Budapest- the city of baths
Budapest is also known as the city of baths. Its thermal baths are naturally fed by 120 hot springs. Many of them date from the 16th century. One may wonder why are they so popular among tourists. Well, most of the baths in Budapest have a series of indoor thermal pools where the temperatures are either warm or hot, steam rooms, saunas, rooms for massage and ice-cold pools.
There are several rules you need to know and apply as a tourist. Have your swimsuit on you at all times while you stay at the Budapest baths, wear a swim cap, it is mandatory when you swim in the lap pools. Bring your flip-flops. They prevent you from slipping and it is the sanitary thing to do.
You are advised to go out of the thermal water after 20 minutes. Children under 14 are not allowed to swim in the thermal pools. Smoking is not allowed in the thermal baths area, neither in the open-air spots.
Each spa has its own particularities, you may find Saturday night parties, or a drinking hall, hot tubs, etc. If you’re looking for a magical experience, soaking in the warm water on a cold day may be just the right experience for you. The great thing about this baths is they are open all year and you have the change to enjoy them no matter the season.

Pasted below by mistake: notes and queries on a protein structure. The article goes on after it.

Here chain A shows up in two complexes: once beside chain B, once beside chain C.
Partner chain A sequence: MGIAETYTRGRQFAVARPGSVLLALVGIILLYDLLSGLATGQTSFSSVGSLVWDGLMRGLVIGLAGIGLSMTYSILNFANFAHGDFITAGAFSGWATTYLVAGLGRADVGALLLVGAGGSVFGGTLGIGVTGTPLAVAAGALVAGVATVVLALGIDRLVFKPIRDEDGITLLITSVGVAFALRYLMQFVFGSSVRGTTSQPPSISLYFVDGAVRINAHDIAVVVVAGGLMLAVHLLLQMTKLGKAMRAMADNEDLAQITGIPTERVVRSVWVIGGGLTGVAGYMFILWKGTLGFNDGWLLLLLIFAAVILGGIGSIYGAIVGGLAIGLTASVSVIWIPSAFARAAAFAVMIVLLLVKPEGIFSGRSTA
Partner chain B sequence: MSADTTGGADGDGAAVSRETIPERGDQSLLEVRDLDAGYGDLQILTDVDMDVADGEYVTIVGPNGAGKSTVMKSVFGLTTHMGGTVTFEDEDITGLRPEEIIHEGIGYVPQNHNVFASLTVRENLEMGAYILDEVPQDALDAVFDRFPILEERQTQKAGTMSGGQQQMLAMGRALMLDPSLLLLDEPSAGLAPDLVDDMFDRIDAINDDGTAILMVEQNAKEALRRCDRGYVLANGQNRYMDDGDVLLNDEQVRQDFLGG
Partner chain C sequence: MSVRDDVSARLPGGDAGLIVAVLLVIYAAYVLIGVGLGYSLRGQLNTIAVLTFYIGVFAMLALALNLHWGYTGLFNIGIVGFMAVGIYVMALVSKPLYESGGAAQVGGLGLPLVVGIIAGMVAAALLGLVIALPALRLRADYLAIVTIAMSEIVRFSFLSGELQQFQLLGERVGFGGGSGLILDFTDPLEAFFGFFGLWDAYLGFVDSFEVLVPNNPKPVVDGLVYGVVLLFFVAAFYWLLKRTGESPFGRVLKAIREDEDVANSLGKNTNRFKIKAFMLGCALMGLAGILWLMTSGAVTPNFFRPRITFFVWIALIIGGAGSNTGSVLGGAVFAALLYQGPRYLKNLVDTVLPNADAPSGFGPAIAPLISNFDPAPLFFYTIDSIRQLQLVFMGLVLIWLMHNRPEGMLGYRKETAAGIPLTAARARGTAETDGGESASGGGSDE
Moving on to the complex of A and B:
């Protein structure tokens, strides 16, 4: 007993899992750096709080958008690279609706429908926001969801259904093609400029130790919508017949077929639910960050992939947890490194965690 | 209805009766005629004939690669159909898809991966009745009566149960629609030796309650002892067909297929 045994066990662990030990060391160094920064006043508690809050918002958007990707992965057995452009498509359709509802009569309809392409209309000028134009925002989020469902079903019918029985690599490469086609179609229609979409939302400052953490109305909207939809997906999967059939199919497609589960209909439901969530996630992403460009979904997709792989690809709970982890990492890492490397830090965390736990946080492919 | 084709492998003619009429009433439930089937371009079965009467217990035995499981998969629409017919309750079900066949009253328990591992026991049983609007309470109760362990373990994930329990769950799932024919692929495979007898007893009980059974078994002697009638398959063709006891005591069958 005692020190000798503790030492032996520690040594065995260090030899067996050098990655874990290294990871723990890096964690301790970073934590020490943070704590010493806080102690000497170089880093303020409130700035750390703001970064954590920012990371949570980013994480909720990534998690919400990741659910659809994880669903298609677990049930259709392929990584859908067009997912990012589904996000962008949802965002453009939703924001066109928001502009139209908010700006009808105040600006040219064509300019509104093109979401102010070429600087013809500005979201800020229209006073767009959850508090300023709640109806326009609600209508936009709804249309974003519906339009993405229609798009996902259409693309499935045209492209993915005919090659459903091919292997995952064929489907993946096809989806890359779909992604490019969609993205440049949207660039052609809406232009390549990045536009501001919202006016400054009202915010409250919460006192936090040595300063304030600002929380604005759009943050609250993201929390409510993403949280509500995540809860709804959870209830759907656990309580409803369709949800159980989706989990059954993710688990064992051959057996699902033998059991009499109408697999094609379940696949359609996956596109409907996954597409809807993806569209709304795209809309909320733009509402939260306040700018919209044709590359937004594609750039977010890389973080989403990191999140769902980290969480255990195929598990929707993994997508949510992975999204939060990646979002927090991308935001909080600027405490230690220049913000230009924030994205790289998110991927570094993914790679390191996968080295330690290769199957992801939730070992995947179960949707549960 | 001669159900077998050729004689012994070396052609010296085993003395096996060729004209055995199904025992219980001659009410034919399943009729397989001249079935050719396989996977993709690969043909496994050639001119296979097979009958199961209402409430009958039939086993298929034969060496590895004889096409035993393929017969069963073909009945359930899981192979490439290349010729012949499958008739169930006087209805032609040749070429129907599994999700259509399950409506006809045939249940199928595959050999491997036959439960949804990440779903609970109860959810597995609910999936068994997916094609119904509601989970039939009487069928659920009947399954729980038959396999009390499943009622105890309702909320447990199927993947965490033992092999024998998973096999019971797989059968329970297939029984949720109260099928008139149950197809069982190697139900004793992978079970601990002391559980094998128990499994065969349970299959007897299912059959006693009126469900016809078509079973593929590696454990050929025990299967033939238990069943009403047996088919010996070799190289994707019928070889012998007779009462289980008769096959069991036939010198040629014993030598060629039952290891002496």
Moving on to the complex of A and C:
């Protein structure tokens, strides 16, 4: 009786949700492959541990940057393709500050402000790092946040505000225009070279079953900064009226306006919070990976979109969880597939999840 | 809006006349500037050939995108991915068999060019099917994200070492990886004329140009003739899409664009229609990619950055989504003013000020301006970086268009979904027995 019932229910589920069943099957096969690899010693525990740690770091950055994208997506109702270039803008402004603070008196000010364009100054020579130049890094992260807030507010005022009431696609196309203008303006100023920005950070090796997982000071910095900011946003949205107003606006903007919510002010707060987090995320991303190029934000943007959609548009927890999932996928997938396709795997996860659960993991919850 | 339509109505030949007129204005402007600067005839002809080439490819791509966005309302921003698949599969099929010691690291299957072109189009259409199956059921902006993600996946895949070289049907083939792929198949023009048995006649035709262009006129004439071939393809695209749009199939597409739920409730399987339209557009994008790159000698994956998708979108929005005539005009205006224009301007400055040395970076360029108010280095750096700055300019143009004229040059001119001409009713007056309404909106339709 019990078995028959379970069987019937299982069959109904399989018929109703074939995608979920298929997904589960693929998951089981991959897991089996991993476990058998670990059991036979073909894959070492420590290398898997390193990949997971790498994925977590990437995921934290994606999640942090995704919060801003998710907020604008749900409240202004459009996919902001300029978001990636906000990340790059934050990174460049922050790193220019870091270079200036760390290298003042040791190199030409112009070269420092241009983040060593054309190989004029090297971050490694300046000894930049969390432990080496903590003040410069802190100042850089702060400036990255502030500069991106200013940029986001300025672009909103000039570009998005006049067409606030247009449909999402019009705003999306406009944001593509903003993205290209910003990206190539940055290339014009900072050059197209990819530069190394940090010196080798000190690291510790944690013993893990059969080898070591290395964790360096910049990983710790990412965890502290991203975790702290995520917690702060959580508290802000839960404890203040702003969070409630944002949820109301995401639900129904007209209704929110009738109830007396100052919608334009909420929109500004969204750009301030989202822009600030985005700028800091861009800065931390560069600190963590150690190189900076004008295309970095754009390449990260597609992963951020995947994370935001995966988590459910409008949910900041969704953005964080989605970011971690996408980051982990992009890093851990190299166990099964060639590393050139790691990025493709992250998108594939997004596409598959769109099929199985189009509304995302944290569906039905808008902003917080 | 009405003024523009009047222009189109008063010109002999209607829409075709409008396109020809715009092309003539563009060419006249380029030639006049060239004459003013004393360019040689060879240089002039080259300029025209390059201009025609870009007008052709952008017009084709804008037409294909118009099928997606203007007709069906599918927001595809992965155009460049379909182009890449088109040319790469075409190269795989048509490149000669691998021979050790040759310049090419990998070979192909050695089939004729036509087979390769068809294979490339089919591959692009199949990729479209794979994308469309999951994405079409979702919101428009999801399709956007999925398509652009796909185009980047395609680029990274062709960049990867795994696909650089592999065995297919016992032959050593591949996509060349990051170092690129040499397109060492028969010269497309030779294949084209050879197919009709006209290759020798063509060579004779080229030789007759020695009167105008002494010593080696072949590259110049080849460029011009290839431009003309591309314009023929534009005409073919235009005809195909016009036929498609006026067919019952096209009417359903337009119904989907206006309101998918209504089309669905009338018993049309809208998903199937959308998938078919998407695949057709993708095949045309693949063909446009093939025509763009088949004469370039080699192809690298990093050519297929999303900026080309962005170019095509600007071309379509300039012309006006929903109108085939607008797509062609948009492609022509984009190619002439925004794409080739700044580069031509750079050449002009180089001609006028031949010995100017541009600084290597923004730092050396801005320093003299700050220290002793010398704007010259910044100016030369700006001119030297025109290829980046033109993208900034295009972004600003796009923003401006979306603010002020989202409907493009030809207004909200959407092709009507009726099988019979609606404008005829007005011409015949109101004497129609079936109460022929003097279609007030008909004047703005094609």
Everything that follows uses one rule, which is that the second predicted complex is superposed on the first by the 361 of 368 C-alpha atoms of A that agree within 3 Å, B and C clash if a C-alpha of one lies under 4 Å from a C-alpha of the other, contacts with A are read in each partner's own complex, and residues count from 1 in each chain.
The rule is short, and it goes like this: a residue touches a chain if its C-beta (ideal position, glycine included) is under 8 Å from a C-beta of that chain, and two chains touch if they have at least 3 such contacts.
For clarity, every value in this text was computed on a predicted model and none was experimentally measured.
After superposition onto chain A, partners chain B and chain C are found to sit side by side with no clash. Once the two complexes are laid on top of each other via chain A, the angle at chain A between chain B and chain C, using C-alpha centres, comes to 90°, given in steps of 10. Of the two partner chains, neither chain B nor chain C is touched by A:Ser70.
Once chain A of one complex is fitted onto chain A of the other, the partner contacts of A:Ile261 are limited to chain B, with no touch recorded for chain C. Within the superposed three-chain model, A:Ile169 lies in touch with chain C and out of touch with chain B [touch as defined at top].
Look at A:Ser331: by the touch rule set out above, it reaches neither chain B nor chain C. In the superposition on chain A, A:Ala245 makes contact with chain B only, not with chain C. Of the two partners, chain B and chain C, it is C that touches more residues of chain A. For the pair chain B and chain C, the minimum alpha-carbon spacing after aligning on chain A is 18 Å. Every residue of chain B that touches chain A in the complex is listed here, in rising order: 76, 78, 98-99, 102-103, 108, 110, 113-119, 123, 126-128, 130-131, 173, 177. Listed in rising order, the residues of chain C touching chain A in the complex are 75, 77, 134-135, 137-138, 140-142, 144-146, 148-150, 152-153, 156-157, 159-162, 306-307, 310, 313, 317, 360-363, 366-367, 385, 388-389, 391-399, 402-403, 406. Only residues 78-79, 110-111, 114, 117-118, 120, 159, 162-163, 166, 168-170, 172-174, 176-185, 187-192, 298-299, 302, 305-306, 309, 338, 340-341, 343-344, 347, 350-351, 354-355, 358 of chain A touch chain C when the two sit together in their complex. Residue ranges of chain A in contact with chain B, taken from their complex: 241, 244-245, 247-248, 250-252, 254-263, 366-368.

The most known thermal baths in Budapest
Széchenyi is Budapest’s largest thermal bath complex. It was built in the 20th century and it has 15 indoor pools and 3 huge outdoor pools, great for every season. We suggest you check its address carefully before heading there, it might be a bit tricky to navigate.
It has a variety of facilities: saunas, steam rooms, jets, you can do swim laps in the main pool. The thermal water is high in calcium, magnesium, and hydrogen carbonate and is said to ease joint pain and arthritis and improve blood circulation.
Széchenyi awaits its visitors with Saturday parties, sparties (spa parties), Dj’s, laser shows, etc, you will surely find an activity for your taste.
Rudas Thermal Bath Budapest
Rudas Thermal Bath in Budapest is a Turkish style complex that dates from the 16th century. You can even swim here by night. The baths are open until 4 a.m. every Friday and Saturday for night bathing and water temperatures range from 11 C (52 F) to 42 C (108 F).
These baths were opened during the 19th century. They are seen as a real medical mecca, its waters being rich in rich in calcium, hydrogen-carbonate, sulfate, chloride as well as sodium and fluoride ions. You can find here an infrared sauna, a steam bath, a Himalayan salt wall (to ease respiratory problems), and a weight bath (to treat spinal injuries).
These baths are also Turkish styled and they date from the 16th century. They offer a traditional thermal bathing experience away from the crowds, being also a more affordable option.
If you visit Budapest, make time to swim in the Budapest’s thermal waters. You won’t regret it.